In court today, likely the last oral arguments in the remaining Atlantic Yards legal cases (new Determination & Findings; air rights easement)
The location is Kings County State Supreme Court, IAS Part 74, 320 Jay Street, Room 17.21, Brooklyn. Here's the map.
Both cases are distinct longshots for those challenging the Empire State Development Corporation (ESDC), but still could provoke some interesting volleys. Both cases are named for property owner Peter Williams, but he actually doesn't remain a party in the first case.
New Determination & Findings?
In June, as I wrote, in a brief, five-page decision in the case known as Peter Williams Enterprises, et al., vs. New York State Urban Development Corporation (aka ESDC), state Supreme Court Justice Marcy Friedman essentially rejected a challenge by property owners that the Atlantic Yards project has changed so much that the ESDC should be forced to issue a new Determination & Findings to proceed with eminent domain.
Friedman did not formally reject the case, because she didn't examine the Development Agreement or get to the merits.
Instead, she moved it from New York County (Manhattan) to Kings County, as the ESDC had requested. In Kings County, Justice Abraham Gerges, who handles condemnations, already rejected similar arguments when rejecting a direct challenge from property owners to the condemnations.
The difference between the Williams case Friedman moved to Brooklyn and the case Gerges already decided is that the Development Agreement, which points clearly to a much longer buildout than the official ten-year timetable, had barely emerged at the time of the oral argument in January before Gerges, and was not formally added to the case.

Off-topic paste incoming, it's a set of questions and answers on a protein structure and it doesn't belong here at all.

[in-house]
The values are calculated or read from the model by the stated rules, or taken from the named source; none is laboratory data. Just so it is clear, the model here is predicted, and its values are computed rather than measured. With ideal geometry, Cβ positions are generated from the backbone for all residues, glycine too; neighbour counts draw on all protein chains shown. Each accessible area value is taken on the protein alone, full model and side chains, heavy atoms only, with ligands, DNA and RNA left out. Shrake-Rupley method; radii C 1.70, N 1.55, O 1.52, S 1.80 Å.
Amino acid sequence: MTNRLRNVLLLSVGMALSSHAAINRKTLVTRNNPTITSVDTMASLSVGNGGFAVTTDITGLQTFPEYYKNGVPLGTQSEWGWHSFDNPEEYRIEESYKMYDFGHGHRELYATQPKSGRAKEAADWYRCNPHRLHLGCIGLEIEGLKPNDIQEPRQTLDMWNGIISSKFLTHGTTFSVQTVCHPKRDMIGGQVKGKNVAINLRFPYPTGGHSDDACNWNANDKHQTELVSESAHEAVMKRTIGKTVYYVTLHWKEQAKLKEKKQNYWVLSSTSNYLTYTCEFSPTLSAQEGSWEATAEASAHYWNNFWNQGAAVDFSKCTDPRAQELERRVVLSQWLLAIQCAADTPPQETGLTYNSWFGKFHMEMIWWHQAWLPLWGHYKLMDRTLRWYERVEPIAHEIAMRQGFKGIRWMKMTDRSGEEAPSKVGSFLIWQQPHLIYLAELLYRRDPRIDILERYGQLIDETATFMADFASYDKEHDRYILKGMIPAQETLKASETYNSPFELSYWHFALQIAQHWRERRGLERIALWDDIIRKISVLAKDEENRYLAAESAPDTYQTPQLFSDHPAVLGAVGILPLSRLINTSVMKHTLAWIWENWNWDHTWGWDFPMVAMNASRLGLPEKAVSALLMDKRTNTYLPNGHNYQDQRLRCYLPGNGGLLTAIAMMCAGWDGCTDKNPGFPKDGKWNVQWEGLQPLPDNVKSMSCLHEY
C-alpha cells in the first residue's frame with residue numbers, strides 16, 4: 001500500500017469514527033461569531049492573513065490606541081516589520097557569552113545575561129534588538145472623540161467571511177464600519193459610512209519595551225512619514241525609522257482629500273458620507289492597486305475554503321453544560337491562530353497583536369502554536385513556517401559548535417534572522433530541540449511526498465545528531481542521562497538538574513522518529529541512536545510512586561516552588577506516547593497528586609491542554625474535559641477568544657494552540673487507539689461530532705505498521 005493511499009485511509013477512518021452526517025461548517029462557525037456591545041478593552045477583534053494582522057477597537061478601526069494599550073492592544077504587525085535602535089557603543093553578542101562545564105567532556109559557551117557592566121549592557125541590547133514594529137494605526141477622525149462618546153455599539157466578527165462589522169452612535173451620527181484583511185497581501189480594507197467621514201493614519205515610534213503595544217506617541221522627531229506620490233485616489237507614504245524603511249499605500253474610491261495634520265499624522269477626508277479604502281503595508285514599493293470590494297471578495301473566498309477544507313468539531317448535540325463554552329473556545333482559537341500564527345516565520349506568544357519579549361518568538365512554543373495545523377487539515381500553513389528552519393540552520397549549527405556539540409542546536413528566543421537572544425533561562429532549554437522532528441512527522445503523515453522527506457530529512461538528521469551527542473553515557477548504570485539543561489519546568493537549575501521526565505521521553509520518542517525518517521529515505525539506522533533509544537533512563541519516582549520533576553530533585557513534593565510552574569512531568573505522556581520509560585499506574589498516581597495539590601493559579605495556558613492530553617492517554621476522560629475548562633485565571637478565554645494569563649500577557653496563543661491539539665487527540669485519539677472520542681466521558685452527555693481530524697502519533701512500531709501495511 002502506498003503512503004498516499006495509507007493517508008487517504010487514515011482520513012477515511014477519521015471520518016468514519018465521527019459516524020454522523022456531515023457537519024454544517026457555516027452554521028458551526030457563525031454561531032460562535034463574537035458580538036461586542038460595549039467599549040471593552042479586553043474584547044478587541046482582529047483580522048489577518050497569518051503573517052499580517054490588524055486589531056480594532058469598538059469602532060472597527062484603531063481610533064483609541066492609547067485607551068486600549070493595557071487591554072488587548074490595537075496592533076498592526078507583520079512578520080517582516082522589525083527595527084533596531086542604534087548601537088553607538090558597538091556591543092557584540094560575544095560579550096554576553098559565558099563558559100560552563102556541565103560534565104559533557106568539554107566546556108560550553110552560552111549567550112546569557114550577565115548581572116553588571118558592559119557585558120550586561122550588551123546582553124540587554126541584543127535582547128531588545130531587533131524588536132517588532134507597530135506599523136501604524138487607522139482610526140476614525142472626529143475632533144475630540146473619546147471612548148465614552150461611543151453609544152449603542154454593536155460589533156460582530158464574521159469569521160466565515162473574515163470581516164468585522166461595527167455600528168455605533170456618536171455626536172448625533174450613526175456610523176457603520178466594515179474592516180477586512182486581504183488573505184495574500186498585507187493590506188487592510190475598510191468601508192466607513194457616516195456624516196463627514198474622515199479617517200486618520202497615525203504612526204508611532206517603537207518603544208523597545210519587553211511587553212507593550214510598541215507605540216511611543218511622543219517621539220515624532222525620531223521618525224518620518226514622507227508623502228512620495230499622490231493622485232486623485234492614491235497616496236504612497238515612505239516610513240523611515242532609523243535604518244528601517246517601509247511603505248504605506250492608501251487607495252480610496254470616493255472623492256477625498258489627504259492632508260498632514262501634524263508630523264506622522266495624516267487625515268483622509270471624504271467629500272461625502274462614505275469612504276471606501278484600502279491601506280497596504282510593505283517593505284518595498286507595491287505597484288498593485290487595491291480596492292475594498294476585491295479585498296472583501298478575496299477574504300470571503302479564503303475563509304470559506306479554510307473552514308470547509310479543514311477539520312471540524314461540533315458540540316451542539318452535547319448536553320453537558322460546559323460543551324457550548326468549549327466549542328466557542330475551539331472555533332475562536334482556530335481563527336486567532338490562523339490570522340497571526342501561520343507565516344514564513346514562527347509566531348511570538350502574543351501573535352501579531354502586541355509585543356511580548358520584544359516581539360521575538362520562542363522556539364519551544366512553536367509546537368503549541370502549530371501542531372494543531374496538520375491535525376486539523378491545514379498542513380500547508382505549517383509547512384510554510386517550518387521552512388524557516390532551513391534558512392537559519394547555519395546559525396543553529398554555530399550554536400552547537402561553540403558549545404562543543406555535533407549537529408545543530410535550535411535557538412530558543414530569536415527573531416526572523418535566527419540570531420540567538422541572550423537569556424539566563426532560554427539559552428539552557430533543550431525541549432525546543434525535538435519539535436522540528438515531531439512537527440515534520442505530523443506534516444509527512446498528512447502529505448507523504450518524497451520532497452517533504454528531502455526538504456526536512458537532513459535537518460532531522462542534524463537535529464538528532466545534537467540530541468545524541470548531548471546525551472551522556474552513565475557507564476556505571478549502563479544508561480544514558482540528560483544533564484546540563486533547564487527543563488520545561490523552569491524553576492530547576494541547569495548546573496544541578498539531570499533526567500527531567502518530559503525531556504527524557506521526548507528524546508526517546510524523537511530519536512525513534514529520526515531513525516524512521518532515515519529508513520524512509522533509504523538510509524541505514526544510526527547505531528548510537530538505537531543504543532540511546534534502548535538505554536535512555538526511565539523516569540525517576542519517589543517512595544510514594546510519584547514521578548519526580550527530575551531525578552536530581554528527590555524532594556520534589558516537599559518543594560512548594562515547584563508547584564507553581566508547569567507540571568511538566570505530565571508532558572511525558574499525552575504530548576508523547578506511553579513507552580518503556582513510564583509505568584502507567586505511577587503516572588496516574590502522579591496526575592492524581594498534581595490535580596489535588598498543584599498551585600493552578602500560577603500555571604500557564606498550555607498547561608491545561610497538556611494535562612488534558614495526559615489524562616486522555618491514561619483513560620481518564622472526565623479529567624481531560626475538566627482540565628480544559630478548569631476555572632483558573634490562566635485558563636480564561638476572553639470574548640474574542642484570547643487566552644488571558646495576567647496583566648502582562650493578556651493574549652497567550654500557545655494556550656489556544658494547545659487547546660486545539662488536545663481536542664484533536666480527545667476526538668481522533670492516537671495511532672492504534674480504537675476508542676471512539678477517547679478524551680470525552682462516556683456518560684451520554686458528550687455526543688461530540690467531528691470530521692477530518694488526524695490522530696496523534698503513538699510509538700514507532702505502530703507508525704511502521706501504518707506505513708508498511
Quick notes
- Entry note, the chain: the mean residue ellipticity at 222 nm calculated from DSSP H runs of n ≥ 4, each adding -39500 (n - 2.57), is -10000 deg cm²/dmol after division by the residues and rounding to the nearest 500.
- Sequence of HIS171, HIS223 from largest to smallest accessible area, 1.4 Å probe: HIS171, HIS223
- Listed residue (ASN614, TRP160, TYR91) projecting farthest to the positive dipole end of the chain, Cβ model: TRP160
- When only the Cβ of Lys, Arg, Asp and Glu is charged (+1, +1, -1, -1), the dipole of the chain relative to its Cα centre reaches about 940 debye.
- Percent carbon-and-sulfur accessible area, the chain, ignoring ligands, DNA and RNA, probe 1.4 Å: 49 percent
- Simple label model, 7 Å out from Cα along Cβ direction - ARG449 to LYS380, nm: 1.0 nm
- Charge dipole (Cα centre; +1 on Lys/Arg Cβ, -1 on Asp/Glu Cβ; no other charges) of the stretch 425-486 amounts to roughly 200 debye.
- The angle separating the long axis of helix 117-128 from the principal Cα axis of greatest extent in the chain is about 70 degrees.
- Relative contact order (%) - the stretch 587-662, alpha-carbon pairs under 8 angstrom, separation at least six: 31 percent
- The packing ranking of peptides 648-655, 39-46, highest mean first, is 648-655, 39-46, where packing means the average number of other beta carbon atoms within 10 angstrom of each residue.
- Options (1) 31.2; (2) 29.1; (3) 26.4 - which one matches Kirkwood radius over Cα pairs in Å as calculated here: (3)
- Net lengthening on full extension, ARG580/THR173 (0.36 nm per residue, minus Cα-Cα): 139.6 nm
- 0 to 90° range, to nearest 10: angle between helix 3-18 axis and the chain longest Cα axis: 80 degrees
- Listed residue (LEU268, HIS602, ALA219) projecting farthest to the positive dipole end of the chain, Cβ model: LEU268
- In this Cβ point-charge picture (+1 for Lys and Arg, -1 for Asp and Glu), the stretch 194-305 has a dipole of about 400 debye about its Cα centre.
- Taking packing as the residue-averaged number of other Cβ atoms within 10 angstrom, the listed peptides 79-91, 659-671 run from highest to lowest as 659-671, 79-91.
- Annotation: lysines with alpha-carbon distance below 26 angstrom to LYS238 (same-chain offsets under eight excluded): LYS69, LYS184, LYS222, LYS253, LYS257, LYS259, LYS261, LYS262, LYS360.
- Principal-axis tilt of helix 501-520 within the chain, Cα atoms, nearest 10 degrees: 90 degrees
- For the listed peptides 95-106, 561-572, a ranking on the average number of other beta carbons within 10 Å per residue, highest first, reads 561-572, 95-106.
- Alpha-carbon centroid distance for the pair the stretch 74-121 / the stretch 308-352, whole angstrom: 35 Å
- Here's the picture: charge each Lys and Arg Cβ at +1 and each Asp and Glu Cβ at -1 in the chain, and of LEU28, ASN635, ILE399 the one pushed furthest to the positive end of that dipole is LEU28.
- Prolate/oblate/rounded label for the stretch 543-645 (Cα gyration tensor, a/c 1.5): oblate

Though Friedman indicated that five of the six petitioners were located in Kings County, it's a little more ambiguous, as three of them (as she failed to note) had left the case. They had done so as part of the process of reaching eminent domain settlements. Those who settled were Williams, condo owner Daniel Goldstein, and Freddy's Bar & Backroom.
The remaining petitioners are two entities owned by Henry Weinstein, a longtime owner of property near the corner of Carlton Avenue and Pacific Street, and The Gelin Group, occupants of a house on Dean Street east of Sixth Avenue, slated for condemnation in a later phase of the project.
Friedman is still considering a separate case, brought by coalitions organized by Develop Don't Destroy Brooklyn and BrooklynSpeaks, challenging the legitimacy of the ESDC's ten-year timeframe and requesting a Supplemental Environmental Impact Statement to evaluate project impacts over a longer period.
In that case, she did consider the belatedly-released Development Agreement.
The air rights case
The other case involves a claim by Peter Williams Enterprises (PWE), who owned 38 Sixth Avenue, adjacent to the Spalding Building at 24 Sixth Avenue, that that the state made a "colossal mistake" in not pursuing eminent domain for the easement bordering and above the Spalding Building. Williams has said he's motivated by money, not any anti-project feelings.
The ESDC's motion to dismiss, below, calls it a "meritless lawsuit... brought for the sole purpose of attempting to interfere with and delay" the project. Not only does the complain lack legal foundation, according to Charles Webb's affirmation, but plaintiff PWE executed a release waiving any claims.